It’s that time of year when many homeowners are preparing for some fun in the sun. But it’s also an important time to be sure all of your home systems are ready to handle the additional workload that comes with soaring temperatures.
Certainly, a home’s heating, ventilation and air conditioning (HVAC) system is one mechanism that does an awful a lot of work during the summer. Here, a Service Experts professional shares seven do’s and don’ts to keep in mind when preparing your cooling system for summer.
Do Get an HVAC Tune-Up
A twice-a-year HVAC tune-up can act as an insurance plan against future breakdowns. Even though anything can happen when a system is being used quite a bit, getting your air conditioner, furnace and other HVAC components tuned up before repair crews get busy during the sweltering summer season can definitely help you ward off costly repairs down the road. Plus, it also includes a status check for how your system is currently functioning. Routine maintenance also may help keep your valuable manufacturer’s warranty effective, which supports you in case a key component goes bad during the warranty period.
“Tightening electrical components, cleaning condensate lines, cleaning the outdoor and indoor coils, and lubricating necessary components, it’s all part of the annual checkup we do,” said the field operations manager at Service Experts, Mike Carson. “And, we’ll change your air filters and answer any questions you may have too. It’s the best small investment any homeowner can make this time of year.”
Don’t Put Off Repairs
When a specialist suggests repairs during a tune-up or if they occur unexpectedly, some homeowners think they can stretch out the use of the part or component for “just one more summer.” This thinking, however, only leads to more expensive repairs down the line.
“Clogged lines, dirty filters, low refrigerant (Freon), loose or broken parts, you name it, it all contributes to how efficiently your system runs. It’s always best to address problems when they arise to keep it operating to its full potential,” Carson emphasized.
Do Upgrade Your Thermostat
If you haven’t done it already, upgrading to a smart thermostat may43 reduce wear and tear on your heating and cooling equipment. Consider this: Energy savings estimates can run from as low as 12% a year to more than 20%. Your best choice is to go with an Energy Star®-certified thermostat, Carson said, and ask an HVAC pro about how to set cooling times that match with your daily habits. In some areas, you also may have the ability to take advantage of cheaper electricity rates during off-peak hours.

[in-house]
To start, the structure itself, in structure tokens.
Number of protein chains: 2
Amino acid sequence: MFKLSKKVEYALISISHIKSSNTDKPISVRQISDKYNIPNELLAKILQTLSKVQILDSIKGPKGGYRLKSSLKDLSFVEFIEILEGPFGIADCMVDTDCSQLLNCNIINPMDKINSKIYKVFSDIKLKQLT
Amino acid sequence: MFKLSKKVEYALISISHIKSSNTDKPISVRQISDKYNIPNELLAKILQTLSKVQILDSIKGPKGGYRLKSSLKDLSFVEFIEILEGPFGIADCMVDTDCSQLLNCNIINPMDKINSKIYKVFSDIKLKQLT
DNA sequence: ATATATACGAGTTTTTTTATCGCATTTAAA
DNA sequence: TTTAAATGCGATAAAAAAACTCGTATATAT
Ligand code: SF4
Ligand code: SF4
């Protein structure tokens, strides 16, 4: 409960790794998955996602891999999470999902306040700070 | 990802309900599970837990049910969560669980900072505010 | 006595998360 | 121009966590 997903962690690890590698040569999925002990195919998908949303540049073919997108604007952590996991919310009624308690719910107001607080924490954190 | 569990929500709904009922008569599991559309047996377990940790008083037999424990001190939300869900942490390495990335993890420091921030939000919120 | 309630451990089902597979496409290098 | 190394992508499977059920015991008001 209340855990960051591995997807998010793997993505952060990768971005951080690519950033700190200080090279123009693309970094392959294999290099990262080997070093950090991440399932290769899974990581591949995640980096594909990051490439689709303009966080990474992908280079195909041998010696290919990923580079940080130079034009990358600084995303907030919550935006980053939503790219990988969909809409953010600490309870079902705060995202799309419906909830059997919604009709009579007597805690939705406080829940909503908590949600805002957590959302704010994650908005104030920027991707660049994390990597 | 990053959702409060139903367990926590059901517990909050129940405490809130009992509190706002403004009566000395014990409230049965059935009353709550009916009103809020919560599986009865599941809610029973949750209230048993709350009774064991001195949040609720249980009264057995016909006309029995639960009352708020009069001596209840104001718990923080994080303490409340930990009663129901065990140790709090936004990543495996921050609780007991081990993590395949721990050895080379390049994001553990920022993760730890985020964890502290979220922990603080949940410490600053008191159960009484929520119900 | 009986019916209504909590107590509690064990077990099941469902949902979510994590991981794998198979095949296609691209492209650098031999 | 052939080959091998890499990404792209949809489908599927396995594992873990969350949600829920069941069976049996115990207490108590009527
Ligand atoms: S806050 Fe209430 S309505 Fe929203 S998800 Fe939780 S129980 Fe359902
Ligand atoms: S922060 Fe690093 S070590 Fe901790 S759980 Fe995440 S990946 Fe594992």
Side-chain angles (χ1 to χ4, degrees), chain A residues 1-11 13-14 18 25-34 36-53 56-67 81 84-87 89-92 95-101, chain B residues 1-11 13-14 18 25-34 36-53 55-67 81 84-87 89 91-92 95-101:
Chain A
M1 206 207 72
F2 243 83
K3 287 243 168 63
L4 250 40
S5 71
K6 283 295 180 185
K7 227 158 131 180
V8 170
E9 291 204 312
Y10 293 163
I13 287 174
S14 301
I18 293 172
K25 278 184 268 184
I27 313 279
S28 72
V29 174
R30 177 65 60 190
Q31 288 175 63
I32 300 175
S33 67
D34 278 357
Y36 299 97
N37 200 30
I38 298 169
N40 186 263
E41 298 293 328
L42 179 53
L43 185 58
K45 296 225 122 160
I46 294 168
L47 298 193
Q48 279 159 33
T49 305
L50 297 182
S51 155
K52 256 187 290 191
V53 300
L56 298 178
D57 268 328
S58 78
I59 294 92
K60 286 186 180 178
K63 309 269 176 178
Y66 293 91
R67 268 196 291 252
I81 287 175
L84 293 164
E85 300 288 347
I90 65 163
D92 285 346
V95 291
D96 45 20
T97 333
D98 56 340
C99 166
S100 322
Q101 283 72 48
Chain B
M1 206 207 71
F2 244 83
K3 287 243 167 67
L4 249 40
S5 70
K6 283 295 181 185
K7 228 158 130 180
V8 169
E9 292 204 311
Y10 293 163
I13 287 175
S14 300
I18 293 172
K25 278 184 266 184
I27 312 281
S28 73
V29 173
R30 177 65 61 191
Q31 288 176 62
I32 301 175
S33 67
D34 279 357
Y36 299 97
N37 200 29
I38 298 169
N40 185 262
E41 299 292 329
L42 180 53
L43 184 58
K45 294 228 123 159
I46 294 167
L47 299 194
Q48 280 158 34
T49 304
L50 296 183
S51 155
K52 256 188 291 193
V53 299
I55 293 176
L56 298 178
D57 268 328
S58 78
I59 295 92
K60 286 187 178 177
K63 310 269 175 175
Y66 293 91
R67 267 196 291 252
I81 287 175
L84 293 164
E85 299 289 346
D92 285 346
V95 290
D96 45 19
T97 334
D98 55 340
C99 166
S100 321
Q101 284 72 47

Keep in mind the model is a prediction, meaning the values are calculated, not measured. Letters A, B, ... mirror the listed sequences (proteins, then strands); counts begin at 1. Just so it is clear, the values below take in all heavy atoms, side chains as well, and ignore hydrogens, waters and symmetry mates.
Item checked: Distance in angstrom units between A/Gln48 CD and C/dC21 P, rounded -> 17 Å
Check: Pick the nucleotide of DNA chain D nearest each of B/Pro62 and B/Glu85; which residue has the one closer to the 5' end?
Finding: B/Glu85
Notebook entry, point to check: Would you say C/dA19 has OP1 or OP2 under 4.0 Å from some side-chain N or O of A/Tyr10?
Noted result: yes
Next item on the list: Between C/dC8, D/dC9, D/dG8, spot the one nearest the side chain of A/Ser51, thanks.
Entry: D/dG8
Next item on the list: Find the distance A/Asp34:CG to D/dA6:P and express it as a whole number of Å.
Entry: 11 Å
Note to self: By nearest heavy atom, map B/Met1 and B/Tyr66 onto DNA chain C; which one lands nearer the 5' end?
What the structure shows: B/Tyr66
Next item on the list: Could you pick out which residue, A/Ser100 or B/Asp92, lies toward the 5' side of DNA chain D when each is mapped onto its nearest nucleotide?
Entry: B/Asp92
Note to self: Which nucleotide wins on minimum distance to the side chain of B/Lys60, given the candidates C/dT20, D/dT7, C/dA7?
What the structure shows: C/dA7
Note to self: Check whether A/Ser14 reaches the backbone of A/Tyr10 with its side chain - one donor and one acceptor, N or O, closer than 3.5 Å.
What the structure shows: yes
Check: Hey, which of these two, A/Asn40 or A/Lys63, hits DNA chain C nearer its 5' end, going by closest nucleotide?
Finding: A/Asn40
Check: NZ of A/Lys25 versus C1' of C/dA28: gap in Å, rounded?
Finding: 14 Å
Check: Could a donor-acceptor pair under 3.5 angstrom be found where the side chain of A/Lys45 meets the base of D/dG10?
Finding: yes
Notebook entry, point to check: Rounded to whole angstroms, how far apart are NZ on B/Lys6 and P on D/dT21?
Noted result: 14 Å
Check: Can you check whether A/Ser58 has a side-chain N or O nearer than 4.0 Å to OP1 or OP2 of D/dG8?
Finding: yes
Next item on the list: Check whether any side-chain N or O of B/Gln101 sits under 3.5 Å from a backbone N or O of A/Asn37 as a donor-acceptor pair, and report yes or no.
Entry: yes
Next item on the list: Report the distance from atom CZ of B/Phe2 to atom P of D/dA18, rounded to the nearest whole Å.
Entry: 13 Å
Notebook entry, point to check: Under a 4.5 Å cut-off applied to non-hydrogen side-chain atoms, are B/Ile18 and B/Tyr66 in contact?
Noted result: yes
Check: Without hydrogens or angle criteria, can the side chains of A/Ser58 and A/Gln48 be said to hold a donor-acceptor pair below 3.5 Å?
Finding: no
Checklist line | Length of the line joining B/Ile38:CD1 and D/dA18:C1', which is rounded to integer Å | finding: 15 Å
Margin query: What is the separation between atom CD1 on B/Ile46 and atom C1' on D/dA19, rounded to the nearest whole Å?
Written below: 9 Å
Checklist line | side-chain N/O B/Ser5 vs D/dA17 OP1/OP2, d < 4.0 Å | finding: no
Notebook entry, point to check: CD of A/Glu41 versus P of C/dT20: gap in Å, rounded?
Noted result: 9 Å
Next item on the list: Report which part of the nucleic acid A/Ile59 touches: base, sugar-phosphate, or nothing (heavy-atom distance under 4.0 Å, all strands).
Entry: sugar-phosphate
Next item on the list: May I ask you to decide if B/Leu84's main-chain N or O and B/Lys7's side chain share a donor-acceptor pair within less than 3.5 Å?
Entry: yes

Don’t Use a Very Restrictive Air Filter
Routinely switching out your air filter is critical; however, there are a wide variety of different filters to choose from. Certain types can be tremendously restrictive, promising to catch or eliminate all viruses and contaminants. While they may efficiently remove many contaminants, these highly restrictive filters might also significantly reduce airflow and very well could make your unit work harder. When you schedule your tune-up, it’s a good idea to ask the mechanic for a recommendation, Carson added.
Do De-Clutter and Clear Out Obstructions
This is not merely a hint about household clutter, but more about removing the airflow obstructions inside and outside of your home. First, on the inside, if air vents are obstructed by furniture or household items, that can limit the flow of air into that room or zone. That means your cooling system will need to run longer to get the air temperature to the temperature set on your thermostat.
The other area where obstructions can be a concern is around your condenser coil outside the residence. Some homeowners see these as an eyesore and make an effort to cover them up with shrubbery or even build structures or other landscaping. Not a good idea!
“Obstructions to units and vents on the inside and outside of the home can be both an efficiency and safety concern,” Carson noted. “Covering up or blocking return air vents, where the system draws in the air inside the home is another common problem we see. These things can be like asking your system to work harder while wearing a very heavy face mask.”
Don’t Neglect Your Air Ducts
Clean air ducts are essential to the condition of your residence—and the people who are living in it. Pollen and airborne pollutants from sprays, cooking, candles, fireplaces and off-gassing items can all reside inside your air ducts and cause problems for people suffering from asthma and allergies.
Here are a few indications your home could need an air duct cleaning:
- Mold was found in the home or on the inside of the AC.
- Dust wafts from vents when the blower is switched on.
- A renovation that generated significant dust has recently been done.
Do Consider a High-Efficiency HVAC Upgrade
If your HVAC equipment is nearing the end of its life, replacing it with a modern, high-efficiency system before summertime is here can be better than waiting for “just one more summer.” And while that has always been a good idea, it’s more true these days than ever before.